The plot of this book is not the worlds greatest adventure or an epic saga, it doesn't top the lists for the most fantastic science fiction or fantasy either. Instead I put it at the top as the most moving and powerful. The story itself isn't really that important. Guy's discoveries along the way are what is important. As he travels through these pages from Fireman, burning every book he can find with fiendish delight, to outlaw hoping to help save his dying world, he finds himself, and realizes who he really is. The futuristic setting is by today's standards a poor attempt at sci-fi since the ideas and advancements were thought up in the 40s. They seem somewhat less than futuristic since today's technology has surpassed a lot of it. But here once again it isn't the setting that is important, the state of society and the horrible ways that things had changed is what is important. I fear that Ray's futuristic world isn't so far fetched when you think of the millions of people who sit like zombies in their living rooms, cars, offices, and many other places, inundated by senseless garbage from the TV, radio, magazines, newspapers, and internet. The idea that anything that is slightly offensive to someone else should be destroyed and outlawed is not that far from what we are starting to see. It is fearful to me to think how true this story might be very soon! We might not be burning books in the streets of America yet but we are told to be careful of every word we say lest someone else find offense. We are no longer encouraged to be individuals and stand up for our beliefs and speak out against injustice and the decay of morality in our society. We are taught that everything is alright as long as you are having fun. We are spiraling down a path that may very well land us in the future that Ray describes.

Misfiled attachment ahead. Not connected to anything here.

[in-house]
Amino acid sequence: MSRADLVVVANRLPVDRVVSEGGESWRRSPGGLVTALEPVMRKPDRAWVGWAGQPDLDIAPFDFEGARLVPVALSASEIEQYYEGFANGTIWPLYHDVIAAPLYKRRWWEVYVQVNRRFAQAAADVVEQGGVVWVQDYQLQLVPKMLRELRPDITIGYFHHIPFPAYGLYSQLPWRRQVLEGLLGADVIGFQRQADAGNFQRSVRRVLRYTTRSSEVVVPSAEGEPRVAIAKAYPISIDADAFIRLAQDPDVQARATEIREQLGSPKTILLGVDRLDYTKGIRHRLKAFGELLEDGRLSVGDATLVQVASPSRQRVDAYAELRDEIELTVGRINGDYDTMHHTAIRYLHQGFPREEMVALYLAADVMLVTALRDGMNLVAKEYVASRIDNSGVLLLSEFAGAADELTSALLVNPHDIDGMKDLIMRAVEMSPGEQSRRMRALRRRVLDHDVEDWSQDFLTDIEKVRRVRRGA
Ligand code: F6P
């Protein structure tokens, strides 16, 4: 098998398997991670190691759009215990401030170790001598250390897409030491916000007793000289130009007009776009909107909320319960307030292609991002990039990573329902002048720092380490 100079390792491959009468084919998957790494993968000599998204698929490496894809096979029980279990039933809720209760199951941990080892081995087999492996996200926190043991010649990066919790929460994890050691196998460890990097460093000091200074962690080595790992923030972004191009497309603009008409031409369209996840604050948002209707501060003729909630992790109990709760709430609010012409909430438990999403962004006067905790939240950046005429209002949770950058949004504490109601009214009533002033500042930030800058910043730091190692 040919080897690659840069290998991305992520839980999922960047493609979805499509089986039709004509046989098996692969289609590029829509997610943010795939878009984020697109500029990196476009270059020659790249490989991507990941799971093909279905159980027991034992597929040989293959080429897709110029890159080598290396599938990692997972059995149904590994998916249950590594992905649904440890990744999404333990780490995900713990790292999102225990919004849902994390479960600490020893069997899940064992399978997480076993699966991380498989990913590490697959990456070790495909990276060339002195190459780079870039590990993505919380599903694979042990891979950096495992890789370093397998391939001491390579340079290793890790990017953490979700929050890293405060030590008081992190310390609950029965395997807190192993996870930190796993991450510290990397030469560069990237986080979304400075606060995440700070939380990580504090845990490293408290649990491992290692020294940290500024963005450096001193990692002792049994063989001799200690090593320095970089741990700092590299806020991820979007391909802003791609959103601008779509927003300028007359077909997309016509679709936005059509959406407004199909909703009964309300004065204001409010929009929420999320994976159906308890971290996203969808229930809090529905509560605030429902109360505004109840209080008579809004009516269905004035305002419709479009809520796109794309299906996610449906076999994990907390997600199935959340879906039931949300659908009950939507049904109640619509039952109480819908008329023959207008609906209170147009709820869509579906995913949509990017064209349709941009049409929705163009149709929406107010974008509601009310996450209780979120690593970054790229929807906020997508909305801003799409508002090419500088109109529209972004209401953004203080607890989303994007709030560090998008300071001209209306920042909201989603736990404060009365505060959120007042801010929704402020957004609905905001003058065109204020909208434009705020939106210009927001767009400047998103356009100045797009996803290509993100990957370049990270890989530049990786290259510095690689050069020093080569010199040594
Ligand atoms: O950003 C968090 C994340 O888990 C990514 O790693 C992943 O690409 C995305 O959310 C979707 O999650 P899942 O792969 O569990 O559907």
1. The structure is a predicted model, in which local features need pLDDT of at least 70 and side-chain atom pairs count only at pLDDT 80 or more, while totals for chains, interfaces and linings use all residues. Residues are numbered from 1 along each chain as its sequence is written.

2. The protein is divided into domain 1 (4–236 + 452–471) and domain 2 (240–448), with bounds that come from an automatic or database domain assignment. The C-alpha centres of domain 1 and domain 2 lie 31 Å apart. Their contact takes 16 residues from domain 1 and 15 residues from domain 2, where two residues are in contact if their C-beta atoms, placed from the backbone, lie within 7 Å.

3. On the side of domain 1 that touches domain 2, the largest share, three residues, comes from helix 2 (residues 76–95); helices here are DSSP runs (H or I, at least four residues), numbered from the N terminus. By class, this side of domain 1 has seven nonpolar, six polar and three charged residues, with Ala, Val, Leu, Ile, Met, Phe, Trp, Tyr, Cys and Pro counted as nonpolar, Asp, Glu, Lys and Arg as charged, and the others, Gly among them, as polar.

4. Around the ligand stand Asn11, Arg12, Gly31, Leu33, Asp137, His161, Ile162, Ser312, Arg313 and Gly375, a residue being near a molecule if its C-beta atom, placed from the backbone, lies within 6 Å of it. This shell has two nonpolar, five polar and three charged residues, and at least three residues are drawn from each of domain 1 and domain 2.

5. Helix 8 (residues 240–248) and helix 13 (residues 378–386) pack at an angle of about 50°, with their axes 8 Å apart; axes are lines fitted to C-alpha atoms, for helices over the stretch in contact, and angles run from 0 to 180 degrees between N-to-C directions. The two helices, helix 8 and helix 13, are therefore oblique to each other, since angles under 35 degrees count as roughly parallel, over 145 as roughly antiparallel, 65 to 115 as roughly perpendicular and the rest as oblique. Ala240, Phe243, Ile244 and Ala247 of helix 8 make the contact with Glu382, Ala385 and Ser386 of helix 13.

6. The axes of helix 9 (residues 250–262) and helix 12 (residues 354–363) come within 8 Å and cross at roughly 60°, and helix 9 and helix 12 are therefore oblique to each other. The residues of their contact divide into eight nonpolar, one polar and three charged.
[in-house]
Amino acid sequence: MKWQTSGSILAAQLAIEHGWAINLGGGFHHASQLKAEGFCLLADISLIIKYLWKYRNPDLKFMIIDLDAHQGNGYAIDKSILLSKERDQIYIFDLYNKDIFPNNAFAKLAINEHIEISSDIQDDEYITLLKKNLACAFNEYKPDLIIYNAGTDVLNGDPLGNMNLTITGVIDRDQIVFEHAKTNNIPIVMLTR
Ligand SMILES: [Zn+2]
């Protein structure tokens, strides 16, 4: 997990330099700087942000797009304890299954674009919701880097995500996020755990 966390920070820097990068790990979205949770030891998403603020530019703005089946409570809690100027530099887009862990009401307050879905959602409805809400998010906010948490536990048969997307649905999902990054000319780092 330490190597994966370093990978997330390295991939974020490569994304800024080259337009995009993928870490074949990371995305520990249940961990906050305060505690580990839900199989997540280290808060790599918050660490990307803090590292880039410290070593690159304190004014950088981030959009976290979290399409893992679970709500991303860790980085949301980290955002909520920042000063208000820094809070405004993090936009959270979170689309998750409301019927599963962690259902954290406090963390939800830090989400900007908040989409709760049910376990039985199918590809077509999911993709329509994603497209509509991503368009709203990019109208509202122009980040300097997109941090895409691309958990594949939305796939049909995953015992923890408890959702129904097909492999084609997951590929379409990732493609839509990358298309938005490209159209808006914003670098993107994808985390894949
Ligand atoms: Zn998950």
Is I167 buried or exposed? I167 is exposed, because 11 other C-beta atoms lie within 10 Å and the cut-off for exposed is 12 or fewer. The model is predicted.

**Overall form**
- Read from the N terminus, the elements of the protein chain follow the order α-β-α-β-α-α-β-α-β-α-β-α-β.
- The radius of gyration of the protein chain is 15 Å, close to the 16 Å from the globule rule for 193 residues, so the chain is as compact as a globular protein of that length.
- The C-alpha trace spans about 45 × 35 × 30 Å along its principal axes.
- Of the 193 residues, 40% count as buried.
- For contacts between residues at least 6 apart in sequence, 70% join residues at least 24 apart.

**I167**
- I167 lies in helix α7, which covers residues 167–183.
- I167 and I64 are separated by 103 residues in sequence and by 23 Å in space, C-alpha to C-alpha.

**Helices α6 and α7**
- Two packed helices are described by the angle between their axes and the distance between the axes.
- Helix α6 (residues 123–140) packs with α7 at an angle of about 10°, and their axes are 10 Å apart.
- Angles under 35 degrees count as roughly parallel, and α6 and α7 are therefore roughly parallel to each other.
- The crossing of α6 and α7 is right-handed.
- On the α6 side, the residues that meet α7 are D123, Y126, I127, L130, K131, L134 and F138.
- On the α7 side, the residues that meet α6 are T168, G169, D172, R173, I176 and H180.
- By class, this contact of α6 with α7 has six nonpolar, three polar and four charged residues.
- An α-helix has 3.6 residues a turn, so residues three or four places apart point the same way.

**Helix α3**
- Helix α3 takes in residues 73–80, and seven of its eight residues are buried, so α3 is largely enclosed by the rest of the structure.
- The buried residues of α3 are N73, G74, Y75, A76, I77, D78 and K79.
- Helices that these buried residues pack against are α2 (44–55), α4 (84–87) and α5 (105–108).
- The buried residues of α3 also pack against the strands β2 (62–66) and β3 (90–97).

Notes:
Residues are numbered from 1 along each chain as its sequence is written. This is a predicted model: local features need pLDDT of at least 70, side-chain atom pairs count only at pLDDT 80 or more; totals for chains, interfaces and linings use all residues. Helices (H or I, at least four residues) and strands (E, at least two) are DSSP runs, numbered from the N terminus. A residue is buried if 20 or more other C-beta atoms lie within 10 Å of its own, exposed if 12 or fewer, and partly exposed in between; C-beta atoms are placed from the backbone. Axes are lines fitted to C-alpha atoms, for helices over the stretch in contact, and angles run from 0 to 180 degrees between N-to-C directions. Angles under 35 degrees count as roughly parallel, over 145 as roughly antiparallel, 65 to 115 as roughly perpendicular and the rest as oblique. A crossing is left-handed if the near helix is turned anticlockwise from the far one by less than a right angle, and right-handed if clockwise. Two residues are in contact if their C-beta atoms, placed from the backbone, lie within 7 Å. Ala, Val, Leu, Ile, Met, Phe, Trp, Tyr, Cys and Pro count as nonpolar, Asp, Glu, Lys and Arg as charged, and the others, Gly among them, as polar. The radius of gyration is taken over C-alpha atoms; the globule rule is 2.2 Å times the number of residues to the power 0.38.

In the end as Guy watches his world going up in flames, Ray vividly describes the anguish that he feels. I feel some of that anguish now when I realize where we are heading. In the final pages, the rag tag group of men, the rebels against society, become the last hope for the world. They are determined to do everything they can to help the very people who cast them out and persecuted them. We need to start thinking like them now, before it is too late. We need to open our arms to help those around us with love and compassion, giving of ourselves without reserve, without expecting anything in return. Our children's children need to be able to look back and see us as pillars of strength and love and hope that inspire them to live better lives!

I listened to the audiobook read by Ray himself. At the very beginning I found myself thinking that he was too old to be reading this and that I was in for a dreary time listening to him. However, mere minutes into his performance, his passion became evident and that coupled with the power of the words made for a moving performance. I found myself swept away into that fictional time and place and lived the story rather than just hearing it. The last disc in the set was an interview with Ray and I was moved again by his passion. His life is a fascinating story in itself and I was very glad that I didn't turn the interview off early as my first instinct had told me to do.

Overall this was a fantastic book! I know that this review has morphed into more than just a review and is as much a philosophical journey as anything else, but that is the essence of the book. Ray's goal is to get us to examine ourselves and try to be better than we think is possible. He has succeeded in his goal, at least in me!